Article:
Ben Thomas in the NBR takes a look at the double standards when you look at the China FTA (which I support and Govt does) and the Canadian proposal to purchase some shares off existing private owners in Auckland International Airport, with a maximum 25% voting strength (which I support, but the Govt will turn down):
There’s one footnote to FTA. The two internationalists, Clark and Goff, know that back in New Zealand, there are politicians who are less expansive in their views on free trade and other cultures.
They are ready to stir up xenophobia to take advantage of the electorate’s insecurities, and boost their polling chances.
Your correspondent refers, of course, to Michael Cullen. The finance minister this week will be waiting with baited breath for the decision of his junior ministers (David Parker and Clayton Cosgrove) on whether the Canadian Pension Plan Investment Board can buy 39.5 per cent of Auckland International Airport shares.
Cullen was the driving force – or at least, the public face – of government opposition to the possibility of the Canadians acquiring a “strategic asset” like the airport.
He fronted the decision to amend the Overseas Investment Agency’s test to make the Canadians’ bid for 39.5 per cent of the airport (now only 24.9 per cent of votes) more difficult.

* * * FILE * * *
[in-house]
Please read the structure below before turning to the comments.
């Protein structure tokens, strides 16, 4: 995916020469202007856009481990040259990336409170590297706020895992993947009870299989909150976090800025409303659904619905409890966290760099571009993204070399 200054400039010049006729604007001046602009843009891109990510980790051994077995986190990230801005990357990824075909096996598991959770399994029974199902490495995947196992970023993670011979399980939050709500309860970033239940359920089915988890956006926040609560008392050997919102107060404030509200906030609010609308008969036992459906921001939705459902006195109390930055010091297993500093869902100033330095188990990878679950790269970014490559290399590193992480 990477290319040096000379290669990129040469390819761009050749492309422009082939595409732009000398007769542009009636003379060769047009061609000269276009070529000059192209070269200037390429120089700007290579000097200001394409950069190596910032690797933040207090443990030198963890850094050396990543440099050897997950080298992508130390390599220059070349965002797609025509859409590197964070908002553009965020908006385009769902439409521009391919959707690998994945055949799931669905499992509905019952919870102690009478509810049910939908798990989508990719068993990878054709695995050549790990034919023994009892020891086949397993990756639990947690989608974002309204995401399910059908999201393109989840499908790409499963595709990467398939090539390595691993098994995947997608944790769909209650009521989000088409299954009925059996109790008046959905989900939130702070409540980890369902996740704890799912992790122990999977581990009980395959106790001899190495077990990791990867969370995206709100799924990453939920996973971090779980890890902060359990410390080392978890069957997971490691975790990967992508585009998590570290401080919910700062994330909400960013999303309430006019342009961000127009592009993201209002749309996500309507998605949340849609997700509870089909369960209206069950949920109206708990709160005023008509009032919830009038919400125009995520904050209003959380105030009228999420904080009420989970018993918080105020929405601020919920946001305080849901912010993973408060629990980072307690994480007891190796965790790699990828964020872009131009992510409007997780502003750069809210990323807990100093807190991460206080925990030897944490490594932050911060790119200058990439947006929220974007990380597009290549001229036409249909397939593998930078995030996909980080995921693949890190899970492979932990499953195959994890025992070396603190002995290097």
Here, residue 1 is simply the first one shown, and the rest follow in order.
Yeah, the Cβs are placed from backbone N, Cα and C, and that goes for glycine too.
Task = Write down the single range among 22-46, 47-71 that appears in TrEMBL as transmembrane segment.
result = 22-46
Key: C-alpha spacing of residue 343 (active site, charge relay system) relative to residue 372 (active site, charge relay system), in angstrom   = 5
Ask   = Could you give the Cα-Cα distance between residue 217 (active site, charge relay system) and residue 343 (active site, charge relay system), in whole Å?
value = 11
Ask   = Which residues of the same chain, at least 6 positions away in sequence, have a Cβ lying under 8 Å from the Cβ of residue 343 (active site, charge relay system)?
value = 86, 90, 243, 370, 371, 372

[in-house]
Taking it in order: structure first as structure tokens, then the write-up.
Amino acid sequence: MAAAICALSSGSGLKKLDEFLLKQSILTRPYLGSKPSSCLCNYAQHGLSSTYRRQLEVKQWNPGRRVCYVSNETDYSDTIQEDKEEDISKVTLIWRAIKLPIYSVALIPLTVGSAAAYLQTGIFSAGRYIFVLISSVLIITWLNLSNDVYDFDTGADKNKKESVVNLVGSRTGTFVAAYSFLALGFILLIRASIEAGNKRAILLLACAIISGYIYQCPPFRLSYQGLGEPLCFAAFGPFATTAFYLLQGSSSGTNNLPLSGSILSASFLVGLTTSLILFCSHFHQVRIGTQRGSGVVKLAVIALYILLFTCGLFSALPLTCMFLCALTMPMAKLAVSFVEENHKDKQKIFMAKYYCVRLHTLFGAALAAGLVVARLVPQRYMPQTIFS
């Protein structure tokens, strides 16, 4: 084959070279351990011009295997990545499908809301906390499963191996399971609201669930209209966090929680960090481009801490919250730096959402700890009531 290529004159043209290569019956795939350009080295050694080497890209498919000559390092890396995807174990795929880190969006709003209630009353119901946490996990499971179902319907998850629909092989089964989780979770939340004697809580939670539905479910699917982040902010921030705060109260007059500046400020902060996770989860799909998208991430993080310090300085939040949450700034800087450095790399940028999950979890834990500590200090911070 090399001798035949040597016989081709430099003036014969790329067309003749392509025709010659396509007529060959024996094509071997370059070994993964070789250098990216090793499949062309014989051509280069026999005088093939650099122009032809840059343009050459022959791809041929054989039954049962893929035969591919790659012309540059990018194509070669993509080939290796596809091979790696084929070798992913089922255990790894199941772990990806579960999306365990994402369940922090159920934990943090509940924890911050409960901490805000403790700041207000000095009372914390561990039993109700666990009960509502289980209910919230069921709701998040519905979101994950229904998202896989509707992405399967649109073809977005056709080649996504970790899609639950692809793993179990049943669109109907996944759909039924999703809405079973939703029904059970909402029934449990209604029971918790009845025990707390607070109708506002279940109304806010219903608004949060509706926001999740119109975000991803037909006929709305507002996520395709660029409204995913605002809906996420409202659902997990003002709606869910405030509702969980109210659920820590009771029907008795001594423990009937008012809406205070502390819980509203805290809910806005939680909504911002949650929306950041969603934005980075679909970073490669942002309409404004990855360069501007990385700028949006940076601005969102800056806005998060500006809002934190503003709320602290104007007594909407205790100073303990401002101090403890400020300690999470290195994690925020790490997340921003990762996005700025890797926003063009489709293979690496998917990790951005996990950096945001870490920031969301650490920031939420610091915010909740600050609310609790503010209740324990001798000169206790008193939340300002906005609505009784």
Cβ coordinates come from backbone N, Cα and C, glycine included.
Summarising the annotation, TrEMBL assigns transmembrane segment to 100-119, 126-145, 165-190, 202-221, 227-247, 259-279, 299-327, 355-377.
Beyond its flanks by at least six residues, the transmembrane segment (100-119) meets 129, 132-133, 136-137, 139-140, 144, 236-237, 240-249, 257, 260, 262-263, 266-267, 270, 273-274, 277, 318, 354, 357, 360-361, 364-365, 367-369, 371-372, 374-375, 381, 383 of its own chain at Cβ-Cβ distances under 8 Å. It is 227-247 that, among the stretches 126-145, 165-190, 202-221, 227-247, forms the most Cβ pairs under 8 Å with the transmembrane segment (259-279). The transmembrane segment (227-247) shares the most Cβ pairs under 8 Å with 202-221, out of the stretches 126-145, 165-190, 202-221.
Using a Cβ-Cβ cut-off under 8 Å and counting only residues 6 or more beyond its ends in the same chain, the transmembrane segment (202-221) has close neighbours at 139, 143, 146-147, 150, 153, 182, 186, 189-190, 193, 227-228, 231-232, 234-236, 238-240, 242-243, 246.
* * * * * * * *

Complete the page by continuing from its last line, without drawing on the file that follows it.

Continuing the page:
Why does Dr Cullen oppose the Canadian deal so vehemently?
Perhaps one concern is Canada’s poor record on human rights: the country only passed entrenched human rights legislation in the late 1970s.
Perhaps it is the Canadians continued oppression of their French-speaking minority, and refusal to grant the outlying province of Quebec greater autonomy.
Or perhaps, to paraphrase Enoch Powell and more latterly New Zealand First’s Peter Brown, Dr Cullen fears that opening the door to Canadian investment will lead to cultural disharmony and “rivers of maple syrup” in the street.
Very good points. The Govt gets full marks for the FTA, but their behaviour over a mere 25% voting strength in what is already a privately owned airport is petty political posturing.Tags: Auckland Airport, Ben Thomas, China, free trade agreement, NBR